Teteven and the region of the Teteven Balkan Mountains can offer numerous opportunities for spending a pleasant time and “recharging your batteries” amidst a natural environment. That was precisely what we decided to do in one of the pleasanter September days. We were lucky enough to have sunny and peaceful weather, with the sun and clouds offering a soft refracted light ideal for photos.
Teteven is located at the foothills of two mountains, between the northern slopes of the Zlatitsa-Teteven and the southern ones of the Vassilyovska mountains. The town is surrounded by the peaks of Ostrich, Pеtrahilya, Cherven, Treskavets, and Vezhen and runs along the flow of Vit.
It is no chance that writer Ivan Vazov once said that he would have remained an alien to Mother Bulgaria if he had not come to Teteven.
We decided to take the trip on Sunday morning and did not leave too early. It was about 9:30 am and the day promised to be quite pleasant (unlike the previous two ones). We just wanted badly to change the urban environment for the forest already decked in autumn colours.
We did not have any definite plans. We had heard about Ostrich Peak and the eco-path leading to it, as well as about the waterfalls around Teteven. We also knew that the St. George Glozhene monastery is nearby. Our intentions cleared along the way with the help of the map and the GPS.
We left Hemus motorway after Yablanitsa and directly turned right towards Teteven. The road actually does not branch off to the
St. George Glozhene monastery
in Glozhene but in the village of Maluk Izvor, a pleasant settlement winding around the road up the mountain. The way to the monastery is indicated at several places and you could hardly miss it.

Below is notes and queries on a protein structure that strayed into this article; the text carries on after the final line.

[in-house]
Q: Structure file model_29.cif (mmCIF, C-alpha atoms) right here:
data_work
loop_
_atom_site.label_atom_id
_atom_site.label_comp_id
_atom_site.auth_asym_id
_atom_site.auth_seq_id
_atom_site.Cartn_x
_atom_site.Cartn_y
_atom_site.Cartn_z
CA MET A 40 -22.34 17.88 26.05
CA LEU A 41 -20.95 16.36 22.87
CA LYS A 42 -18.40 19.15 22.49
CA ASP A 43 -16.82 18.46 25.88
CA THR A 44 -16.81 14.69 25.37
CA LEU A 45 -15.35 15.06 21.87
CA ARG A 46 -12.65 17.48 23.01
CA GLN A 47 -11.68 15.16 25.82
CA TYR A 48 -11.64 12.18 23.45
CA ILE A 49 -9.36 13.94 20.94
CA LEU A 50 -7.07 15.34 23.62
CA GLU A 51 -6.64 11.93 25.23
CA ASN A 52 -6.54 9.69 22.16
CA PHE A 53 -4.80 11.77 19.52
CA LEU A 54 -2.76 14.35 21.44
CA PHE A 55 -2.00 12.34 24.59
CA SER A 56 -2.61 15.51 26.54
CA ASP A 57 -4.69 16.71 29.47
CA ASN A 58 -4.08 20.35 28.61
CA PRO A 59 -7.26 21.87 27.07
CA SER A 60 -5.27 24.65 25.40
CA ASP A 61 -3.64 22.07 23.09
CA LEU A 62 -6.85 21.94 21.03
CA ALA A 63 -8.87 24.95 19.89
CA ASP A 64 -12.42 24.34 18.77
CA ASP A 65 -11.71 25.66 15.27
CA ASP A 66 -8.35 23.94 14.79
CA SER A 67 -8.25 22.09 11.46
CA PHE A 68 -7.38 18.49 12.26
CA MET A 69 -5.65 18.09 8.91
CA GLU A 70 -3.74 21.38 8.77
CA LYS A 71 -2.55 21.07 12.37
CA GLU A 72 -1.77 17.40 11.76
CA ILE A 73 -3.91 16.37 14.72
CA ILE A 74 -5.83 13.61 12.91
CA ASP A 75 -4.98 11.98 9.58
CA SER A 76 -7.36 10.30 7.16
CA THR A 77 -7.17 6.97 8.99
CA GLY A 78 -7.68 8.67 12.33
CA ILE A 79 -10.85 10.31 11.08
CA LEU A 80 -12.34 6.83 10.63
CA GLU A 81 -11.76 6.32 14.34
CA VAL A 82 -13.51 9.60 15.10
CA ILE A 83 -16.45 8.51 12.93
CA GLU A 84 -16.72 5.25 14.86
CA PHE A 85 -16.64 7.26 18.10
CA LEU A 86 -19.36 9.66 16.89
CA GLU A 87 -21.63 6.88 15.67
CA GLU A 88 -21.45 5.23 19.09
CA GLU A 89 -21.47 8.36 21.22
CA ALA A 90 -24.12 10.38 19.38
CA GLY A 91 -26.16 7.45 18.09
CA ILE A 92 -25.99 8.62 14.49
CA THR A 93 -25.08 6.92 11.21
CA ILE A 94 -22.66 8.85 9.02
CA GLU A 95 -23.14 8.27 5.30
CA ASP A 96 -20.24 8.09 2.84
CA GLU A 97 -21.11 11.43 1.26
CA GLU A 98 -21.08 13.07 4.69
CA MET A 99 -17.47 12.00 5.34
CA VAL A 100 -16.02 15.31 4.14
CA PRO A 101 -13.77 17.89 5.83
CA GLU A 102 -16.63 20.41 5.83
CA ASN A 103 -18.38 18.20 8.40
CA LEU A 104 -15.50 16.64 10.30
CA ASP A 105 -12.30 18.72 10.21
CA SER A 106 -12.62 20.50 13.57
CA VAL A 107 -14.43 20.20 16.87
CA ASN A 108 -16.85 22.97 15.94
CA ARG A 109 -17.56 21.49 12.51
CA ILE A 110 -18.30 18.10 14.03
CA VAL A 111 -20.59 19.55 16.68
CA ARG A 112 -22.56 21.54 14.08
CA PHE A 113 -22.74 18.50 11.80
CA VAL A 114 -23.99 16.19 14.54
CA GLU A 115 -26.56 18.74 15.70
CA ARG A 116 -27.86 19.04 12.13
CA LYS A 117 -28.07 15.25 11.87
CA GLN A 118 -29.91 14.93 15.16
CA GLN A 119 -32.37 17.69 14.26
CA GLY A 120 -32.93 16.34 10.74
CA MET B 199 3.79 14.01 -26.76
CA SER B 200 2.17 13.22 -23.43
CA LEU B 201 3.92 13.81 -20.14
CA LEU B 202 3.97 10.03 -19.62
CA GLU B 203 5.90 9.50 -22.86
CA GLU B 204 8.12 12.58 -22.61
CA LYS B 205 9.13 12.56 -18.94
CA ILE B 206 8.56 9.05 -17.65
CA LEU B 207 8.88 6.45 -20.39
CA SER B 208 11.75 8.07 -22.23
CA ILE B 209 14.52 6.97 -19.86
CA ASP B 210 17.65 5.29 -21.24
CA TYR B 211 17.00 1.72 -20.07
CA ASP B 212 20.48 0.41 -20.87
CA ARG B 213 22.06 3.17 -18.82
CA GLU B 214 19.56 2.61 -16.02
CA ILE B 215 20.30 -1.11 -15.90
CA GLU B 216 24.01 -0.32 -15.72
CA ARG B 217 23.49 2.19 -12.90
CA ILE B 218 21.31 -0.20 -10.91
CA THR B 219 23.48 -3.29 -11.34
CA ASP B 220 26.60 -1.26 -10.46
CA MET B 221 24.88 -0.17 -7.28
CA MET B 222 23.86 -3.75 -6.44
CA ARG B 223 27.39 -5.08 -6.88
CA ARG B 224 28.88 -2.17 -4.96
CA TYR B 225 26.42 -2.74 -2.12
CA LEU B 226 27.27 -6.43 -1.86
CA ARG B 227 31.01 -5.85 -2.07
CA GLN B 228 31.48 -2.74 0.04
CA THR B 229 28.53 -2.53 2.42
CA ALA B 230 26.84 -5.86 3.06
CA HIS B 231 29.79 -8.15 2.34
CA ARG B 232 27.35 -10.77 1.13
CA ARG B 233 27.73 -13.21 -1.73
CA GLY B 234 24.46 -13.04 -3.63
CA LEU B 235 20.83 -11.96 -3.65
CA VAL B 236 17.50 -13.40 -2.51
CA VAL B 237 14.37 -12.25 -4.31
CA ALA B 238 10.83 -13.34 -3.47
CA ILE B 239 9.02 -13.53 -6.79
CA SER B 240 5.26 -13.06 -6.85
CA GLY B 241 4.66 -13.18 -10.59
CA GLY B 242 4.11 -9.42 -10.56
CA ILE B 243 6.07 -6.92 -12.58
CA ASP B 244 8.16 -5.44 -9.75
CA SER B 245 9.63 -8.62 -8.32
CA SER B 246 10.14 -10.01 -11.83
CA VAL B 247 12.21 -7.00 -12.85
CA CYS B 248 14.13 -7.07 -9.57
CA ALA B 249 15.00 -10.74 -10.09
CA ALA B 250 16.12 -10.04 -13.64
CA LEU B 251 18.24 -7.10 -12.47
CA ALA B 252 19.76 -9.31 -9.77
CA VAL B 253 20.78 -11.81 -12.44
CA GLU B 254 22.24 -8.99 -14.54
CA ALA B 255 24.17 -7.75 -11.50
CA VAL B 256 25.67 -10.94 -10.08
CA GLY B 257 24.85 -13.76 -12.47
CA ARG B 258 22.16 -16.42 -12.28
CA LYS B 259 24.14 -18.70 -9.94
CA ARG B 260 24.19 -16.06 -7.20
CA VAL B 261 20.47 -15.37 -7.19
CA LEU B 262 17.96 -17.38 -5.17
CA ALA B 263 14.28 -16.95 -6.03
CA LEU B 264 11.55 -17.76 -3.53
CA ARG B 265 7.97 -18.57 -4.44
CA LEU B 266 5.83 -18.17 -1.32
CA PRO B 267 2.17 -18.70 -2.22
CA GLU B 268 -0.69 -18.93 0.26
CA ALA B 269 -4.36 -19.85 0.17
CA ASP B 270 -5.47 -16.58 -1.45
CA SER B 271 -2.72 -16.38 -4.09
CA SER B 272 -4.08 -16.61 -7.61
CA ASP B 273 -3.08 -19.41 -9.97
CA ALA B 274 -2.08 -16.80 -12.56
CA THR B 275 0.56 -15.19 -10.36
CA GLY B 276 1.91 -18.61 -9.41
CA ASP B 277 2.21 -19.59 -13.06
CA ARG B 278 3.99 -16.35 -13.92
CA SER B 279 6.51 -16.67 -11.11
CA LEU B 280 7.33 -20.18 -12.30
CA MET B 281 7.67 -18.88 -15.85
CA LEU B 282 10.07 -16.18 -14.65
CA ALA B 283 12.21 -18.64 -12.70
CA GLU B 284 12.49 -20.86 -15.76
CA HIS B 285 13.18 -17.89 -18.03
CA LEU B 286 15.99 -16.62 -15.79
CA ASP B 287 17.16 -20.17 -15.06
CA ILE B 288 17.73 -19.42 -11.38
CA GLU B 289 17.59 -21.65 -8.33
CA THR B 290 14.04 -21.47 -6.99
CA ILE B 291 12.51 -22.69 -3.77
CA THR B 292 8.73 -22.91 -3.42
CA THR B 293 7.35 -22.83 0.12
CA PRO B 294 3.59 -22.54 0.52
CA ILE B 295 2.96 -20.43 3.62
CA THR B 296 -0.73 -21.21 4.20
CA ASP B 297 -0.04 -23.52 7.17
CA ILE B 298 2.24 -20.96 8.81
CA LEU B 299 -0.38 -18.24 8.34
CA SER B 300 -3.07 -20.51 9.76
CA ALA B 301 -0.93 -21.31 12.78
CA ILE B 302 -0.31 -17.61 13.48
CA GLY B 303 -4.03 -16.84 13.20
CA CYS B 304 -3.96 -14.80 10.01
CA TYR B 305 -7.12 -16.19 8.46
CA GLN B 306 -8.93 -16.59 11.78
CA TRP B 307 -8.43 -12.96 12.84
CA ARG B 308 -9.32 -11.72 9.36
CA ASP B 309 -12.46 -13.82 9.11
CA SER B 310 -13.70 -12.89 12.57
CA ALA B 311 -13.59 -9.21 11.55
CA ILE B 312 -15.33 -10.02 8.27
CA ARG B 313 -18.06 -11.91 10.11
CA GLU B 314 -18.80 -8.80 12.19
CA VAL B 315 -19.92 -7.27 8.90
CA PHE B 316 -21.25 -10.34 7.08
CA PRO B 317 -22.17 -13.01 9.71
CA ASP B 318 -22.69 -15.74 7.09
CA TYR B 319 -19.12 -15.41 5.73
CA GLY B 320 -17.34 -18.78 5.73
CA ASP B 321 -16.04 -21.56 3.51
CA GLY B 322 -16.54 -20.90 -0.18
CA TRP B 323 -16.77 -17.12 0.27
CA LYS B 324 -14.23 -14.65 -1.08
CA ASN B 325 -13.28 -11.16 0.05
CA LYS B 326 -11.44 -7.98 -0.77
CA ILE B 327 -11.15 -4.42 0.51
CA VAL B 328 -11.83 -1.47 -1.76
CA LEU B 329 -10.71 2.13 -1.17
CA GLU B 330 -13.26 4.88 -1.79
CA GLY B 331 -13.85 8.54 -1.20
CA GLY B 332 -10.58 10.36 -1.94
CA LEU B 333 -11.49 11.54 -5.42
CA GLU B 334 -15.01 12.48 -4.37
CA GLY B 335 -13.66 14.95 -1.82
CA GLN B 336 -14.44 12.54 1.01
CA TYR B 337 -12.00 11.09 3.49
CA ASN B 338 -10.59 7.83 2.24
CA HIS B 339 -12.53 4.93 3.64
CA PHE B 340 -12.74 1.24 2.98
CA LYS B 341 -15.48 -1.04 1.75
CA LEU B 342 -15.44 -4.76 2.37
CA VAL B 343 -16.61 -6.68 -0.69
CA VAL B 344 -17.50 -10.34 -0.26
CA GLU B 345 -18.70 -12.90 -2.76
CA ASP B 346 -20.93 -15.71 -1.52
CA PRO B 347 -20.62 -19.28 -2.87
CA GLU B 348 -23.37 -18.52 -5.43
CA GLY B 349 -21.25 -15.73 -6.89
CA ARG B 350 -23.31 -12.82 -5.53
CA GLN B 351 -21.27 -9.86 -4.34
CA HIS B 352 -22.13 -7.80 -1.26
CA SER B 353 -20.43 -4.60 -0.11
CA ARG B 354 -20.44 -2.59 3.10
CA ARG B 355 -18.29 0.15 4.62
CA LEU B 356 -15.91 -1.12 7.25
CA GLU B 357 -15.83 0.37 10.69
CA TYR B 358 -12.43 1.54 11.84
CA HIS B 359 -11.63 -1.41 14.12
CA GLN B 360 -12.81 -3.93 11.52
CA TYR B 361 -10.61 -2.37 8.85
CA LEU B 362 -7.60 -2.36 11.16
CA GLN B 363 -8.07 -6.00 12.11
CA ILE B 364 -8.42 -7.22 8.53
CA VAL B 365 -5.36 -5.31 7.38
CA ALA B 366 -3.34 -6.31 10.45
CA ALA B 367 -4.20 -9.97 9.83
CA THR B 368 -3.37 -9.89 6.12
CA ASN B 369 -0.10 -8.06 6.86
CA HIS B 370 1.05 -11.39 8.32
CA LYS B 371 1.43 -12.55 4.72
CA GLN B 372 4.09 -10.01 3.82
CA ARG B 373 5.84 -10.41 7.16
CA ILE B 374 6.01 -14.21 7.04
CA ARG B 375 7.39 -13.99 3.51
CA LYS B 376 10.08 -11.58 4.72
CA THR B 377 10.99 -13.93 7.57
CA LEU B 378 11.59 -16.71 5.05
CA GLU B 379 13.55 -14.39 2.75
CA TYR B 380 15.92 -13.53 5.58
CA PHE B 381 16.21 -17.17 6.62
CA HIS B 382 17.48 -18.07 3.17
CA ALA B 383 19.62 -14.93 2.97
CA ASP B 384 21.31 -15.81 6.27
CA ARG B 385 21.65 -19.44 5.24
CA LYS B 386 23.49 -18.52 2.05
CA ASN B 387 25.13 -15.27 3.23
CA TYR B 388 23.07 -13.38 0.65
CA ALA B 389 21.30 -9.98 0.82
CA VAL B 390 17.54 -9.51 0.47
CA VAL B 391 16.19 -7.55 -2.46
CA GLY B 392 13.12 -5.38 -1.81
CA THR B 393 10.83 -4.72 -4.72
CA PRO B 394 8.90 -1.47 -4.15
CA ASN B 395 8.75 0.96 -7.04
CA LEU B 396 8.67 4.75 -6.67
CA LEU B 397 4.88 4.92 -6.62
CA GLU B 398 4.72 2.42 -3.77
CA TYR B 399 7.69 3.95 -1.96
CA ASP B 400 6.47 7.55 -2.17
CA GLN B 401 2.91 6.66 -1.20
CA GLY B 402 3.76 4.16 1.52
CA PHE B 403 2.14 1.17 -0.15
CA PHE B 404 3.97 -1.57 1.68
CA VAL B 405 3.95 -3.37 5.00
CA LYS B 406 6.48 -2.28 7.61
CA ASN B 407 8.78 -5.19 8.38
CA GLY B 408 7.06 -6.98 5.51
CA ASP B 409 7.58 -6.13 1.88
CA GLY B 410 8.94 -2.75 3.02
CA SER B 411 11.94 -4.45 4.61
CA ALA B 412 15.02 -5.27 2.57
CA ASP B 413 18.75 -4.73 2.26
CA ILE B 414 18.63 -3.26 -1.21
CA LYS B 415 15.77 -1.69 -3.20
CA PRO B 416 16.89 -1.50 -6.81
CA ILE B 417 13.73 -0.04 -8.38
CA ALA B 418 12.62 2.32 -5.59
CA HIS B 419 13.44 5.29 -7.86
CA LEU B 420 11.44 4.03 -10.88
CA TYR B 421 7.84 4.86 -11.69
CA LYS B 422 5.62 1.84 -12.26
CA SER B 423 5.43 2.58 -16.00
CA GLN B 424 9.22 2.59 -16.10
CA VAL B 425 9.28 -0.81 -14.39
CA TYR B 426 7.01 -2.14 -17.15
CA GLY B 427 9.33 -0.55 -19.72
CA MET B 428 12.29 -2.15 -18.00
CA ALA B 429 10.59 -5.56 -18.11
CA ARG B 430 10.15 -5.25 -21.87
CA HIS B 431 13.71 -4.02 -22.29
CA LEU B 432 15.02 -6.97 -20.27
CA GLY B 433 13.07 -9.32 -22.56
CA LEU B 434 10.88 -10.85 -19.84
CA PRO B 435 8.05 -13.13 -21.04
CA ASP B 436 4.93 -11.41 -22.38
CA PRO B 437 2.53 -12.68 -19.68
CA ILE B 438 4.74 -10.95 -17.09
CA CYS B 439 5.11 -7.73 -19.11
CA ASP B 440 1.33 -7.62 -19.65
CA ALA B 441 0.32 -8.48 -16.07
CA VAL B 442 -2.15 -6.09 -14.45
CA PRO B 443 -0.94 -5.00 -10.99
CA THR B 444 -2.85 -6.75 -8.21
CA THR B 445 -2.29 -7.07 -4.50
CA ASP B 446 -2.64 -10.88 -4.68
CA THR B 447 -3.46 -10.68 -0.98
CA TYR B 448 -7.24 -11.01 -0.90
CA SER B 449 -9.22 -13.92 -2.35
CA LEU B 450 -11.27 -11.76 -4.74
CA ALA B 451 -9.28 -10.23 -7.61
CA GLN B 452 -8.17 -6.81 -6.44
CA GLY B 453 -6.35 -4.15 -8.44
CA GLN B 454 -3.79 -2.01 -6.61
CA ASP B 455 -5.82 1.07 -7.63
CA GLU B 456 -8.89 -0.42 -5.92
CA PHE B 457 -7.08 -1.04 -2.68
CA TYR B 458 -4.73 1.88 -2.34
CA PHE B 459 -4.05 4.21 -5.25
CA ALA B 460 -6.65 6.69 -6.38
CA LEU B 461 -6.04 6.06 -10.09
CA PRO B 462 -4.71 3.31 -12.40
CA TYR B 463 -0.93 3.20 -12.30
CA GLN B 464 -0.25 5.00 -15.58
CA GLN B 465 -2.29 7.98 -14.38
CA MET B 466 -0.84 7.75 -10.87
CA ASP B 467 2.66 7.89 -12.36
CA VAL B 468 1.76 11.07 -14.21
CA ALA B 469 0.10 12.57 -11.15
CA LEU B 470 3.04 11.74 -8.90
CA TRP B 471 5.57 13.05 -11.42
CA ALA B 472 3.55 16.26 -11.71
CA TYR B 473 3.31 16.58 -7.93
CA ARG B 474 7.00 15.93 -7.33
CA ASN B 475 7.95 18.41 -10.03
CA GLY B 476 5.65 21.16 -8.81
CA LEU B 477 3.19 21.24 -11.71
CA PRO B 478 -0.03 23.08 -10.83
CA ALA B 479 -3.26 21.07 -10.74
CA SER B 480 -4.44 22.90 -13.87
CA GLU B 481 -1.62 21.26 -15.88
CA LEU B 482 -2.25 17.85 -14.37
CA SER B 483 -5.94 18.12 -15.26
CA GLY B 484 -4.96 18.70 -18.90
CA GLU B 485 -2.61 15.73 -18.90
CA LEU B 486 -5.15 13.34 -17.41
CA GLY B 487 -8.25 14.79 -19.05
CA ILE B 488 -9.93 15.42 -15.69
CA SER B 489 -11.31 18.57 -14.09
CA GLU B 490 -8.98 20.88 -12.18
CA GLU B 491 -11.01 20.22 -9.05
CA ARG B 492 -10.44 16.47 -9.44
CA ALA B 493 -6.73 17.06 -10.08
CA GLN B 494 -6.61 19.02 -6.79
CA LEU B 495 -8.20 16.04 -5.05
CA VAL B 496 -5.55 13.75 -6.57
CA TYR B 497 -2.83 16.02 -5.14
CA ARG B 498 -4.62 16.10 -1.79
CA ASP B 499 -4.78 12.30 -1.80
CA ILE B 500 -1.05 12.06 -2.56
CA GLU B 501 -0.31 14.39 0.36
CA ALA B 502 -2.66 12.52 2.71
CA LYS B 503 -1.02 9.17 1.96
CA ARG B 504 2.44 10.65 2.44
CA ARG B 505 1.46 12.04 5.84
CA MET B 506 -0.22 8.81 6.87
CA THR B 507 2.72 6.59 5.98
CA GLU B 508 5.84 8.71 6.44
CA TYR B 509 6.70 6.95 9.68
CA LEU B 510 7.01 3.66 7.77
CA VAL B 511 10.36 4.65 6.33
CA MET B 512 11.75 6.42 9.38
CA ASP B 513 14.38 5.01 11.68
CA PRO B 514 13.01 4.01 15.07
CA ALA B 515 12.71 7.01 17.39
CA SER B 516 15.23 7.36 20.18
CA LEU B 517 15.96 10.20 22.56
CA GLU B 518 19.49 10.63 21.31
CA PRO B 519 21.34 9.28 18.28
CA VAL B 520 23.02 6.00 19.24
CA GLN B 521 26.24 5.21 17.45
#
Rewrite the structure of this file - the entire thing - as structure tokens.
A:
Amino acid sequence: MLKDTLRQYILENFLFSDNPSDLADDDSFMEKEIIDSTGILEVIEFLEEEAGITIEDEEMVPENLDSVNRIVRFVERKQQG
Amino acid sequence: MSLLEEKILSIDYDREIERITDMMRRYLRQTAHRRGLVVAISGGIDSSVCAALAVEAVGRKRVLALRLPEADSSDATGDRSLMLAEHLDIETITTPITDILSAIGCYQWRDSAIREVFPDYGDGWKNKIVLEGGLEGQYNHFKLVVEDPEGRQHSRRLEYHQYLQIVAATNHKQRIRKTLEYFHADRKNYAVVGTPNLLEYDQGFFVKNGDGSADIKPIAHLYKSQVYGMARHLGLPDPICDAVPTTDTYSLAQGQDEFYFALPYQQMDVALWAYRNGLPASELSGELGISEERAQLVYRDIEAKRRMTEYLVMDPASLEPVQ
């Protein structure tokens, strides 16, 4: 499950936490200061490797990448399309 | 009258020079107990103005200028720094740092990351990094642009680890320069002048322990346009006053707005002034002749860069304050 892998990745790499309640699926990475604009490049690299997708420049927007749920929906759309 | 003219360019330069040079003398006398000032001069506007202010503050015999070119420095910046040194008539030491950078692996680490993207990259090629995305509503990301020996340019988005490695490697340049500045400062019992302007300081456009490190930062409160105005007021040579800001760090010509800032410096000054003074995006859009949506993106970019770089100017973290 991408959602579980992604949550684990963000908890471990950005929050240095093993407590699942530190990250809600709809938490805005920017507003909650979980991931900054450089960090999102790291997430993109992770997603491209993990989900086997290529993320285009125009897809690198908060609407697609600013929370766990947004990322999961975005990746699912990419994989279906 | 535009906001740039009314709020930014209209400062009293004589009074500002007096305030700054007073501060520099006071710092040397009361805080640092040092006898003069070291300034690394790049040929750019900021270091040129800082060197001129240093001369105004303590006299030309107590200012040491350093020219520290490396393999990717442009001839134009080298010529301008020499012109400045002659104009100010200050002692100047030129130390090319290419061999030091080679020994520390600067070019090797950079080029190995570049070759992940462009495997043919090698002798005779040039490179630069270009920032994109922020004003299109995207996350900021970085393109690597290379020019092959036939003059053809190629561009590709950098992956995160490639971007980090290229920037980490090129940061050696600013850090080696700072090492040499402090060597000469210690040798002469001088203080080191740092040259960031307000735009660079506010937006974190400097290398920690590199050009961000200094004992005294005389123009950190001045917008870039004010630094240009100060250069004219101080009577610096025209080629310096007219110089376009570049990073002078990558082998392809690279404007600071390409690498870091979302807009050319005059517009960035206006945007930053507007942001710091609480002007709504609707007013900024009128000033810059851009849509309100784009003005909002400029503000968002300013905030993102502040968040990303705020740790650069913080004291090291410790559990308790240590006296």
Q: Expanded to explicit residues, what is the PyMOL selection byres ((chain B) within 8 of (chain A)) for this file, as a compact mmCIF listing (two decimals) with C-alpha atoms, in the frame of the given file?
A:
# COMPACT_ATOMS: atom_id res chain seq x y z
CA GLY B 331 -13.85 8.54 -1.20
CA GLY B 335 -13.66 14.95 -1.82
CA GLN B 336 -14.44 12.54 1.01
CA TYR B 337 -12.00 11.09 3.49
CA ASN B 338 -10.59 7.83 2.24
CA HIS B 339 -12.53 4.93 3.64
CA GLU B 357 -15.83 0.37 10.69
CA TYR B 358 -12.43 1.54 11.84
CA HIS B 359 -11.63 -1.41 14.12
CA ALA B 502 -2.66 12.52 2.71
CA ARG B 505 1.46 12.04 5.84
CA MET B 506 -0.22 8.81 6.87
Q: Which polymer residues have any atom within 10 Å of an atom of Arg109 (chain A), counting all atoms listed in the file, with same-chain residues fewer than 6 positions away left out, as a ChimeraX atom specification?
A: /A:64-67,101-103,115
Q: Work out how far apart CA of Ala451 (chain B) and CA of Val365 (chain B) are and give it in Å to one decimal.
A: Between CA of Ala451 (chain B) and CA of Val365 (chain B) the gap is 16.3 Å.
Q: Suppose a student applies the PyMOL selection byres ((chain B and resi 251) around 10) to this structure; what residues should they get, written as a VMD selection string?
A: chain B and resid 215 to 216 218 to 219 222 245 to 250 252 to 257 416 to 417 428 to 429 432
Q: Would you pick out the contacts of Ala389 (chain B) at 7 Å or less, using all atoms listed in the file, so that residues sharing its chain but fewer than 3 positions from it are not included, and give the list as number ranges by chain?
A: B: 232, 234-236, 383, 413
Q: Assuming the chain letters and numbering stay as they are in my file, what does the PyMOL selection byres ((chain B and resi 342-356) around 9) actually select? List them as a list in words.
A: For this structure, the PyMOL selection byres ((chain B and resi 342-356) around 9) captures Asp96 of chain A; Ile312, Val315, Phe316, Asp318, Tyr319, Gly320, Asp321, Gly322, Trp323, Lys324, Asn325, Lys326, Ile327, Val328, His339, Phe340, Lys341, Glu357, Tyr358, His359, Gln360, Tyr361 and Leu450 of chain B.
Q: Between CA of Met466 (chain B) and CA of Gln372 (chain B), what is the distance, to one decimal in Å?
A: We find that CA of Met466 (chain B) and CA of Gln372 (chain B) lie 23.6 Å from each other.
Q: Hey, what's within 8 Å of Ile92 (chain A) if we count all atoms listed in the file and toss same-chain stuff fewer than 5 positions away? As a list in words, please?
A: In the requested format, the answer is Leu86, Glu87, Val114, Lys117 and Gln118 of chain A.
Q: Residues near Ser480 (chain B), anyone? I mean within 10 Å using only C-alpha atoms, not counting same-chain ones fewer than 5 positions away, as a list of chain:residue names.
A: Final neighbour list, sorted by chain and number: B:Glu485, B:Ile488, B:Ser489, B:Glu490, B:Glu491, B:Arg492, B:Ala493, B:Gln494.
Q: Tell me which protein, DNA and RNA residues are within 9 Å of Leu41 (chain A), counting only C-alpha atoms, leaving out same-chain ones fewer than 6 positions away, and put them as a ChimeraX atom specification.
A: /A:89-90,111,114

The monastery stands 7 km away from the road branch of the main road to Teteven and 4 km away from Maluk Izvor. This 4 km are traveled slowly over what is called “a two-way single track road”. Such is the case with many mountain destinations. The turns are sharp and dank and the elevation was a test for our small city car. Slowly and with patience, however, we achieved our goal at around 11:00 am – we were already in the parking lot by the monastery.
Now for a bit of practical information – there are two parking lots because there are probably quite a lot of visitors during the holidays and feast days. The fee is BGN 2.0, as we were told by the lady at one of the stalls where it turned out we had to pay. She returned the change along with the receipt. The people around are hospitable, offering the usual mountain fruit preserves, Yablanitsa halva, wines and brandies from local grape and herb varieties, boiled corn, and souvenirs.
We headed for the monastery – a beautiful, well-maintained building, flanked by an inn for visitors (lunch had just been cooked and everything smelled of bean soup and grill), the monastery kitchens and museums with exhibits dedicated to 19th century National Revival hero Vassil Levski and noted Bulgarian writer, cleric and political figure Vassil Droumev.
Legend says Glozhene was once called Chiren Pazar (‘crockery market’) and stood about 1.0 km away from the present one, on the left bank of Vit. The same legend says the present village was founded by the Kievan Prince Glozh who was granted the lands by Tsar Ivan Assen II. Here the prince built a small fortress and a monastery dedicated to the Holy Transfiguration.
They say that Glozhene monastery is one of the most interesting ones in the Balkan Range. Unlike the rest, it does not huddle in the bosom of the range but is perched on a high rock terrace standing on sheer cliffs.
The so-called Prosechnik Tunnel, cut into the rock, is the only way to reach the terrace.
The present church was built in 1931.
The monastery is famous for the icon of its patron, St. George, which is said to have been brought there from the Kiev Pechersk Lavra by Prince Glozh.
Glozhene monastery was a hub of revolutionary activity. One of its abbots, Hadzhi Evtimii Simeonov of Sopot, was a close associate of National Revival hero Vassil Levski who always found refuge in the monastery. His hideout has been preserved to this day.
We lit candles for health and longevity and headed for the next point in our plans,
Mount Ostrich above Babintsi village